Contents | March 2003

More on politics and society from The Atlantic Monthly.

More on religion from The Atlantic Monthly.


From the archives:

"The Next Christianity" (October 2002)
Around the globe Christianity is growing and mutating in ways that observers in the West tend not to see. Tumultuous conflicts within Christianity will leave a mark deeper than Islam's on the century ahead. By Philip Jenkins

"Oh, Gods!" (February 2002)
Religions mutate with Darwinian ferocity. Today we are witnessing an unprecedented explosion of new religions—and the "problem religion" of the next century may not be the one you think. By Toby Lester

"Women of God" (January 2002)
The novelist and memoirist Mary Gordon, who herself once contemplated joining an order, examines this disappearing way of life, and wonders what, if anything, can replace the iconic figure of the nun in the popular imagination of Catholics and non-Catholics alike.

"The Next Church" (August 1996)
Seamless multimedia worship, round-the-clock niches of work and service, spiritual guidance, and a place to belong: in communities around the country the old order gives way to the new. By Charles Trueheart

"Will the Christian Church Survive?" (October 1942)
"Any significant impact of the Church upon the day whose sun is sinking into a confusing twilight, or upon the tomorrow which struggles in the womb of night, must necessarily be an impact of challenge, of opposition." By Bernard Iddings Bell

From Atlantic Unbound:

Interviews: "Christianity's New Center" (September 12, 2002)
Philip Jenkins, the author of "The Next Christianity" in the October Atlantic, argues that most Americans and Europeans are blind to Christianity's real future.

The Atlantic Monthly | March 2003
 
The Agenda
Ideas

Kicking the Secularist Habit

A six-step program
 
by David Brooks
 
.....
 
ike a lot of people these days, I'm a recovering secularist. Until September 11 I accepted the notion that as the world becomes richer and better educated, it becomes less religious. Extrapolating from a tiny and unrepresentative sample of humanity (in Western Europe and parts of North America), this theory holds that as history moves forward, science displaces dogma and reason replaces unthinking obedience. A region that has not yet had a reformation and an enlightenment, such as the Arab world, sooner or later will.

It's now clear that the secularization theory is untrue. The human race does not necessarily get less religious as it grows richer and better educated. We are living through one of the great periods of scientific progress and the creation of wealth. At the same time, we are in the midst of a religious boom.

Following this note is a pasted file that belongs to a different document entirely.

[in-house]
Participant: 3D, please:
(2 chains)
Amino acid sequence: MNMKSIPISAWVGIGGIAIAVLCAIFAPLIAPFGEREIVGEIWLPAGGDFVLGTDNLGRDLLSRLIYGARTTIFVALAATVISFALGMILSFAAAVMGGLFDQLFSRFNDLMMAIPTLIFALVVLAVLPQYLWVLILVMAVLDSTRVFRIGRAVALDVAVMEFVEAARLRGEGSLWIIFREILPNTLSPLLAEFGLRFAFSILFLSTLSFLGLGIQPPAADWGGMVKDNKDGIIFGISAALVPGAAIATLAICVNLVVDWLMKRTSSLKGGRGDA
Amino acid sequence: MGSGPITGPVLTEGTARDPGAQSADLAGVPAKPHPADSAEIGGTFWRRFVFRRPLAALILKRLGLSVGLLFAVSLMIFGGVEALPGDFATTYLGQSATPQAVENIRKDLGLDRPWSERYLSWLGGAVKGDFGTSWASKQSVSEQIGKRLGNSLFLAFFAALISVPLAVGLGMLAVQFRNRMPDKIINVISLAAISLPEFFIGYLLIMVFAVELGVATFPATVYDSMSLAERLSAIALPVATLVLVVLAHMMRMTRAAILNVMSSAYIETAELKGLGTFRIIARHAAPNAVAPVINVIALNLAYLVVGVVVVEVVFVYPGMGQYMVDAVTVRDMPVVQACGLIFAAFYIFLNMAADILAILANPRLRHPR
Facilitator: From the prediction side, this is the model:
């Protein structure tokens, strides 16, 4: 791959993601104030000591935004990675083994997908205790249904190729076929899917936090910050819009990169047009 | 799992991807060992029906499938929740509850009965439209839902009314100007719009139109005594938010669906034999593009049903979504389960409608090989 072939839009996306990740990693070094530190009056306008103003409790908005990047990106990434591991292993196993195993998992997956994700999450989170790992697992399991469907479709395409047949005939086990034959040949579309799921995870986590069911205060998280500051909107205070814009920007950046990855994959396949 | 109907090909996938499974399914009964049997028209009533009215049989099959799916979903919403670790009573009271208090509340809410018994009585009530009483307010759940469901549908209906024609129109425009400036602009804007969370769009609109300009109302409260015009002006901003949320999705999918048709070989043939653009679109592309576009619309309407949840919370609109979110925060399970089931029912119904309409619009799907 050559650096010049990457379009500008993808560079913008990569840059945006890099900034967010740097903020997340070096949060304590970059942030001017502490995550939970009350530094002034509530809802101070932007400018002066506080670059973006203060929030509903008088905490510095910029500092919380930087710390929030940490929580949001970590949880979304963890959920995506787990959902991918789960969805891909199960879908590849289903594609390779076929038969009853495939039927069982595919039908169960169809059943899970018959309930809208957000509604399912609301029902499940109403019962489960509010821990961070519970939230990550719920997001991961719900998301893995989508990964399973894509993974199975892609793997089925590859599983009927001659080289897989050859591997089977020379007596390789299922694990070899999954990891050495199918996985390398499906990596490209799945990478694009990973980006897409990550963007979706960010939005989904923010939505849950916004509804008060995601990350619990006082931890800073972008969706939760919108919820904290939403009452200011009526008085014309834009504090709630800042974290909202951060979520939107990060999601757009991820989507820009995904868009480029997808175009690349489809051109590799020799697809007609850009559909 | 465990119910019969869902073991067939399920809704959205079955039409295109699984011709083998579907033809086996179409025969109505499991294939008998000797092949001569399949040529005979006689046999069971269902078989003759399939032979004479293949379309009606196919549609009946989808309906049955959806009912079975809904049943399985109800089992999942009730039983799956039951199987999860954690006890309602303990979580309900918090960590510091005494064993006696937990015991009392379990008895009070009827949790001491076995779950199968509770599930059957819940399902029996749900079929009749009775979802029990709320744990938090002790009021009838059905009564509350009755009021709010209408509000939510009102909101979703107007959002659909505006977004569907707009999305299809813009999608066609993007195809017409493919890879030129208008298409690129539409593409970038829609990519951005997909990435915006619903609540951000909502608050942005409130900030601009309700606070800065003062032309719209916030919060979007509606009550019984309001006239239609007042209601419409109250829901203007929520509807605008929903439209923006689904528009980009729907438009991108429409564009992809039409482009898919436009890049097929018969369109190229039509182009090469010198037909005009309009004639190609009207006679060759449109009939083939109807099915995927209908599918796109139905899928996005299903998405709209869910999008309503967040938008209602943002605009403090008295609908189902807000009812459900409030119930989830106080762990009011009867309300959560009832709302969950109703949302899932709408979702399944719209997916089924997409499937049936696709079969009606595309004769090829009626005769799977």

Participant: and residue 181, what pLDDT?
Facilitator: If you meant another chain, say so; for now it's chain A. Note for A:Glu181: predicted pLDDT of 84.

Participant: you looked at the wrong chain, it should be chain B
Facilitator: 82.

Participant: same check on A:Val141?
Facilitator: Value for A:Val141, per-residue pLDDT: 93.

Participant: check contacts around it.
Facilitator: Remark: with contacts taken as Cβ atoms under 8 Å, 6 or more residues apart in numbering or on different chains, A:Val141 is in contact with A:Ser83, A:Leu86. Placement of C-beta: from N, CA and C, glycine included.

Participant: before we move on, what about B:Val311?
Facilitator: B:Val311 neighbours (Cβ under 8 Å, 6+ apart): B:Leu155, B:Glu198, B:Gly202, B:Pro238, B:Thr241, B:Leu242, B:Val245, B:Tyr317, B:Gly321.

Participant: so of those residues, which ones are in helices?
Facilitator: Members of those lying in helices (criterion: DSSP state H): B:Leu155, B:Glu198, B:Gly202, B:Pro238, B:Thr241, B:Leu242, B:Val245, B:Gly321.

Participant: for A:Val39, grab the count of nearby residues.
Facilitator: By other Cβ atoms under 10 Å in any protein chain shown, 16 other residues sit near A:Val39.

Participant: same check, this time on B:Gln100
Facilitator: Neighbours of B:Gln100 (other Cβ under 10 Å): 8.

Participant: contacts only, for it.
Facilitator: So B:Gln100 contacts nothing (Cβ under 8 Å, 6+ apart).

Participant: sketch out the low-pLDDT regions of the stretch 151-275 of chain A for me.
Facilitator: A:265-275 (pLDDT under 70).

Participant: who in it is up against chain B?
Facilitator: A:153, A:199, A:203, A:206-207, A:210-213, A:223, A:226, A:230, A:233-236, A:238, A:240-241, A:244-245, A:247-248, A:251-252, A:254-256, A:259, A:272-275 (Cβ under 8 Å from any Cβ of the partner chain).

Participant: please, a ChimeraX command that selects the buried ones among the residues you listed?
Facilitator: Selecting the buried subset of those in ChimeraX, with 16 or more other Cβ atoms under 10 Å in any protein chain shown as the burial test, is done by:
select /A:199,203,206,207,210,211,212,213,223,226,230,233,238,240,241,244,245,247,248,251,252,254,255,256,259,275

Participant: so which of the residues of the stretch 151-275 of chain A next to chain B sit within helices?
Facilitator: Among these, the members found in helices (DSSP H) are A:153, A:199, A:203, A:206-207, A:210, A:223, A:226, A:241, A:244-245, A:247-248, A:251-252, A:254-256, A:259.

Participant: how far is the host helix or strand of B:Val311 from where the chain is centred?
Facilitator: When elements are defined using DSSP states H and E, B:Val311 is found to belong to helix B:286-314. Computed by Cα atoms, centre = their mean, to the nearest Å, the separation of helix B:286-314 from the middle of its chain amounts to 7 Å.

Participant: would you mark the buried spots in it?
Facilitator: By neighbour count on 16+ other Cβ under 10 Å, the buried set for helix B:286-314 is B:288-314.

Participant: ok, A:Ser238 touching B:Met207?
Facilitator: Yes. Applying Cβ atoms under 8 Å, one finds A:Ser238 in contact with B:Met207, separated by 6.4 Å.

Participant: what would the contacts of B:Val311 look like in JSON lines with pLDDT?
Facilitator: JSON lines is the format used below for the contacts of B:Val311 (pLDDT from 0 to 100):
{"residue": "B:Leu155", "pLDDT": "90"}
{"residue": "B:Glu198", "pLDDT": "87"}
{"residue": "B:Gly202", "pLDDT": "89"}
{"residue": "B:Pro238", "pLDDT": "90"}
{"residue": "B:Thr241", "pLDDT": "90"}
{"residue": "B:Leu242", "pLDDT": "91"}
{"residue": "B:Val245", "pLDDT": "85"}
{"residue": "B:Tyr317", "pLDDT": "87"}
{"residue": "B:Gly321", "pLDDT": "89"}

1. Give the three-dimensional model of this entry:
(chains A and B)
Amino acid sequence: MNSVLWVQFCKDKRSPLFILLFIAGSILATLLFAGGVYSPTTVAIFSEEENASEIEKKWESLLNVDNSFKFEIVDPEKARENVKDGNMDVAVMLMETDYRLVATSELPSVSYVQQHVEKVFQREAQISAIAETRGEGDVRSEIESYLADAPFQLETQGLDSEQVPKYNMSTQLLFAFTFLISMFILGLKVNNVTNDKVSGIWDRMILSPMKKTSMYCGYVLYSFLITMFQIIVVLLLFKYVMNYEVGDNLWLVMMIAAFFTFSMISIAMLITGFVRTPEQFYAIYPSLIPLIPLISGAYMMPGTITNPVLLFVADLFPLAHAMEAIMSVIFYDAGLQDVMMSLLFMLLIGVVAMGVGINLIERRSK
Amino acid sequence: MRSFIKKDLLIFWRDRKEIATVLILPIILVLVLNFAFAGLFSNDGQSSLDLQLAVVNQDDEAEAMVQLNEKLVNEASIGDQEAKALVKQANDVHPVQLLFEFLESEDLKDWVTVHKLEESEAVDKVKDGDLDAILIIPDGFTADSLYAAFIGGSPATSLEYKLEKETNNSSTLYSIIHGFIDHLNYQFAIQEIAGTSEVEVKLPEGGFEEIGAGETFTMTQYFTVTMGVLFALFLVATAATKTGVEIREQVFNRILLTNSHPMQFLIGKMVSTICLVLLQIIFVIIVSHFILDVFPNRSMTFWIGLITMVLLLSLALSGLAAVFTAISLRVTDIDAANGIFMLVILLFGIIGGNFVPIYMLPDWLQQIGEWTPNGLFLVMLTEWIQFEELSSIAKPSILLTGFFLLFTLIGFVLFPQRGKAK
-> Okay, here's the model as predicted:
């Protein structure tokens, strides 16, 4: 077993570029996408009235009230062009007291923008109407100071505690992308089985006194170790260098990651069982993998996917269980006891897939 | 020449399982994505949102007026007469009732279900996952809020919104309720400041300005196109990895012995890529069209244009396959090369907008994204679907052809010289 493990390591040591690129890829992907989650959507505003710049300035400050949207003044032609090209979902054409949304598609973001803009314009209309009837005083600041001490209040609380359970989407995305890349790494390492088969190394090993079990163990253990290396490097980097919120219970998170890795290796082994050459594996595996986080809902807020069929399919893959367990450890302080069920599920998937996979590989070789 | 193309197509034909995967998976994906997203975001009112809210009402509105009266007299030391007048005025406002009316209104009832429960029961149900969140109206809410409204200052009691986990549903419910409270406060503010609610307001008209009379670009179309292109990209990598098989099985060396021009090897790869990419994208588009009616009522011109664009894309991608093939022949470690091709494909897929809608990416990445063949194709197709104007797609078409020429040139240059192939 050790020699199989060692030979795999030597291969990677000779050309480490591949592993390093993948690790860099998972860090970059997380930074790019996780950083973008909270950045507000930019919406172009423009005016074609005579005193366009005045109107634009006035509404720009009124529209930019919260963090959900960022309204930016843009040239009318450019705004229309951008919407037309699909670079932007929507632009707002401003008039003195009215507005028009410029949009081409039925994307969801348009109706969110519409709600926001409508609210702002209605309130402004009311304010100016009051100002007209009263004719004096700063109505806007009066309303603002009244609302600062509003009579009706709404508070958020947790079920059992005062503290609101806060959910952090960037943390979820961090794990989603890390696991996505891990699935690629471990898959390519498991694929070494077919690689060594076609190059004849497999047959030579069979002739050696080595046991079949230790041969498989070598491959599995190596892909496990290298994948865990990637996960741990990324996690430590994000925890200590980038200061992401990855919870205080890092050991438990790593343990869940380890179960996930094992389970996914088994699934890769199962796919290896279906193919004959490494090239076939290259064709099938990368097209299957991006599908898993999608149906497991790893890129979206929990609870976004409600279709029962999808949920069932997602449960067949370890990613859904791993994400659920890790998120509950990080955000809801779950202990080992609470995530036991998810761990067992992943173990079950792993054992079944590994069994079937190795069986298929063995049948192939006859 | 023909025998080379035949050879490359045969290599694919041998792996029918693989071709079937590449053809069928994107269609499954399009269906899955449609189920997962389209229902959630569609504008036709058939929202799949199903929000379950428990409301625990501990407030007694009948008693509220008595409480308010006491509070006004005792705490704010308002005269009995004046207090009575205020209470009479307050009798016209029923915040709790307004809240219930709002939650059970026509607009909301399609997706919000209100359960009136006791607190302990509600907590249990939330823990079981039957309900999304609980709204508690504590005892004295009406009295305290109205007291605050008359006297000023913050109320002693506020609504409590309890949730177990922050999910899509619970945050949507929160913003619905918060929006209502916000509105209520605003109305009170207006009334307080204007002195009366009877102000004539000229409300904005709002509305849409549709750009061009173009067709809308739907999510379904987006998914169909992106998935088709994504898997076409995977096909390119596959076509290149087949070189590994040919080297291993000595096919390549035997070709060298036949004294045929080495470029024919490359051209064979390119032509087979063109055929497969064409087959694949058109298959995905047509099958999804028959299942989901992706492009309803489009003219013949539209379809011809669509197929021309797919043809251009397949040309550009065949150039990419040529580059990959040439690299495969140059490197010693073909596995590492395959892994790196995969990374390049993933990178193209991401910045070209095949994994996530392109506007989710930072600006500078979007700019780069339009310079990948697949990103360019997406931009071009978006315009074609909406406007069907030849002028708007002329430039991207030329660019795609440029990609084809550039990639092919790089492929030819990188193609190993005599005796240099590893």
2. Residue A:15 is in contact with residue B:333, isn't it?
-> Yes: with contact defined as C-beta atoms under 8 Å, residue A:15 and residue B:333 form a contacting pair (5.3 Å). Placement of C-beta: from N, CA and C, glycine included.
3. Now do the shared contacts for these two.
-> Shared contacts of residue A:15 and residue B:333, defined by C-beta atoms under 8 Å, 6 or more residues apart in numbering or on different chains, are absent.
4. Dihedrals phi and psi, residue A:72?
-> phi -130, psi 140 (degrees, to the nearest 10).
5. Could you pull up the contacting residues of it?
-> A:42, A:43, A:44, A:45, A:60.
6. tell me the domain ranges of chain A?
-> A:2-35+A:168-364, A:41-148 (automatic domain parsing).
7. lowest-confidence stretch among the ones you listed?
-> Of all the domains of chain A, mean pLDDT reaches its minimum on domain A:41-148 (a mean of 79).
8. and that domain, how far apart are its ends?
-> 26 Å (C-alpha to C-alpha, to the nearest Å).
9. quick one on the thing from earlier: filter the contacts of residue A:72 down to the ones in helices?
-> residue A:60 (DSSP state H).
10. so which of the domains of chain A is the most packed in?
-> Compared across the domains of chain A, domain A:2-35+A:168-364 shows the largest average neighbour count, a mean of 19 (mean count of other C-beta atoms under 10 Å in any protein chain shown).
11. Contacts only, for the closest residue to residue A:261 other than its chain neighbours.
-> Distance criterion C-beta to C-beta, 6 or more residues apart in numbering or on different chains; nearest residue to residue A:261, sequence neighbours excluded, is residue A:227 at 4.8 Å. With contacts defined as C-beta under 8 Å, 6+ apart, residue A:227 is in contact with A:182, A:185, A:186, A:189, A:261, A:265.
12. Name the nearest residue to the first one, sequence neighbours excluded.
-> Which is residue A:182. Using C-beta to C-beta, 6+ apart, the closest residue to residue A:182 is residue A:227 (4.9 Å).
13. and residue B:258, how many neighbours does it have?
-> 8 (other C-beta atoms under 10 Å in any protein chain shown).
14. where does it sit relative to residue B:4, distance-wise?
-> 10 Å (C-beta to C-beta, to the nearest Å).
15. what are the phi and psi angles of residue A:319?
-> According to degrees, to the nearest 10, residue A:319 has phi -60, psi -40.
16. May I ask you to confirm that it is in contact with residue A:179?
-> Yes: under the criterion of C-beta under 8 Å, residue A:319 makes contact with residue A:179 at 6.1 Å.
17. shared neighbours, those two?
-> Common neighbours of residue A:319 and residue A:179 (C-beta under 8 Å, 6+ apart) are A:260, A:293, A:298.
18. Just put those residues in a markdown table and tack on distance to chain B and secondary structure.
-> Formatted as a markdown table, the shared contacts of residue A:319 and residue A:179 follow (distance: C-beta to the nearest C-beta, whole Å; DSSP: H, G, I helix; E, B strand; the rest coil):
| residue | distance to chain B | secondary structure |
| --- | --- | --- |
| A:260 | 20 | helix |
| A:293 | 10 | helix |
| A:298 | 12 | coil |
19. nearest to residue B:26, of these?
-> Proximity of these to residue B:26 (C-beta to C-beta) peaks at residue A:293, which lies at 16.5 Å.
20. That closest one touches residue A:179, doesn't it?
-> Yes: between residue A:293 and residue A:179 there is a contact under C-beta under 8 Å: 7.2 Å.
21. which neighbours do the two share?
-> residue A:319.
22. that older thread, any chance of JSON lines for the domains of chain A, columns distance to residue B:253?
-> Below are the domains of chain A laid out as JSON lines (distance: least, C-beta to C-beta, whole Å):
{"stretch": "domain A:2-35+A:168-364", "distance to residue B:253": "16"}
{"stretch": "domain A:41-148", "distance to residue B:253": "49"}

Islam is surging. Orthodox Judaism is growing among young people, and Israel has gotten more religious as it has become more affluent. The growth of Christianity surpasses that of all other faiths. In 1942 this magazine published an essay called "Will the Christian Church Survive?" Sixty years later there are two billion Christians in the world; by 2050, according to some estimates, there will be three billion. As Philip Jenkins, a Distinguished Professor of History and Religious Studies at Pennsylvania State University, has observed, perhaps the most successful social movement of our age is Pentecostalism (see "The Next Christianity," October Atlantic). Having gotten its start in Los Angeles about a century ago, it now embraces 400 million people—a number that, according to Jenkins, could reach a billion or more by the half-century mark.

Moreover, it is the denominations that refuse to adapt to secularism that are growing the fastest, while those that try to be "modern" and "relevant" are withering. Ecstatic forms of Christianity and "anti-modern" Islam are thriving. The Christian population in Africa, which was about 10 million in 1900 and is currently about 360 million, is expected to grow to 633 million by 2025, with conservative, evangelical, and syncretistic groups dominating. In Africa churches are becoming more influential than many nations, with both good and bad effects.

From the archives:

"What Is the Koran?" (January 1999)
Researchers with a variety of academic and theological interests are proposing controversial theories about the Koran and Islamic history, and are striving to reinterpret Islam for the modern world. By Toby Lester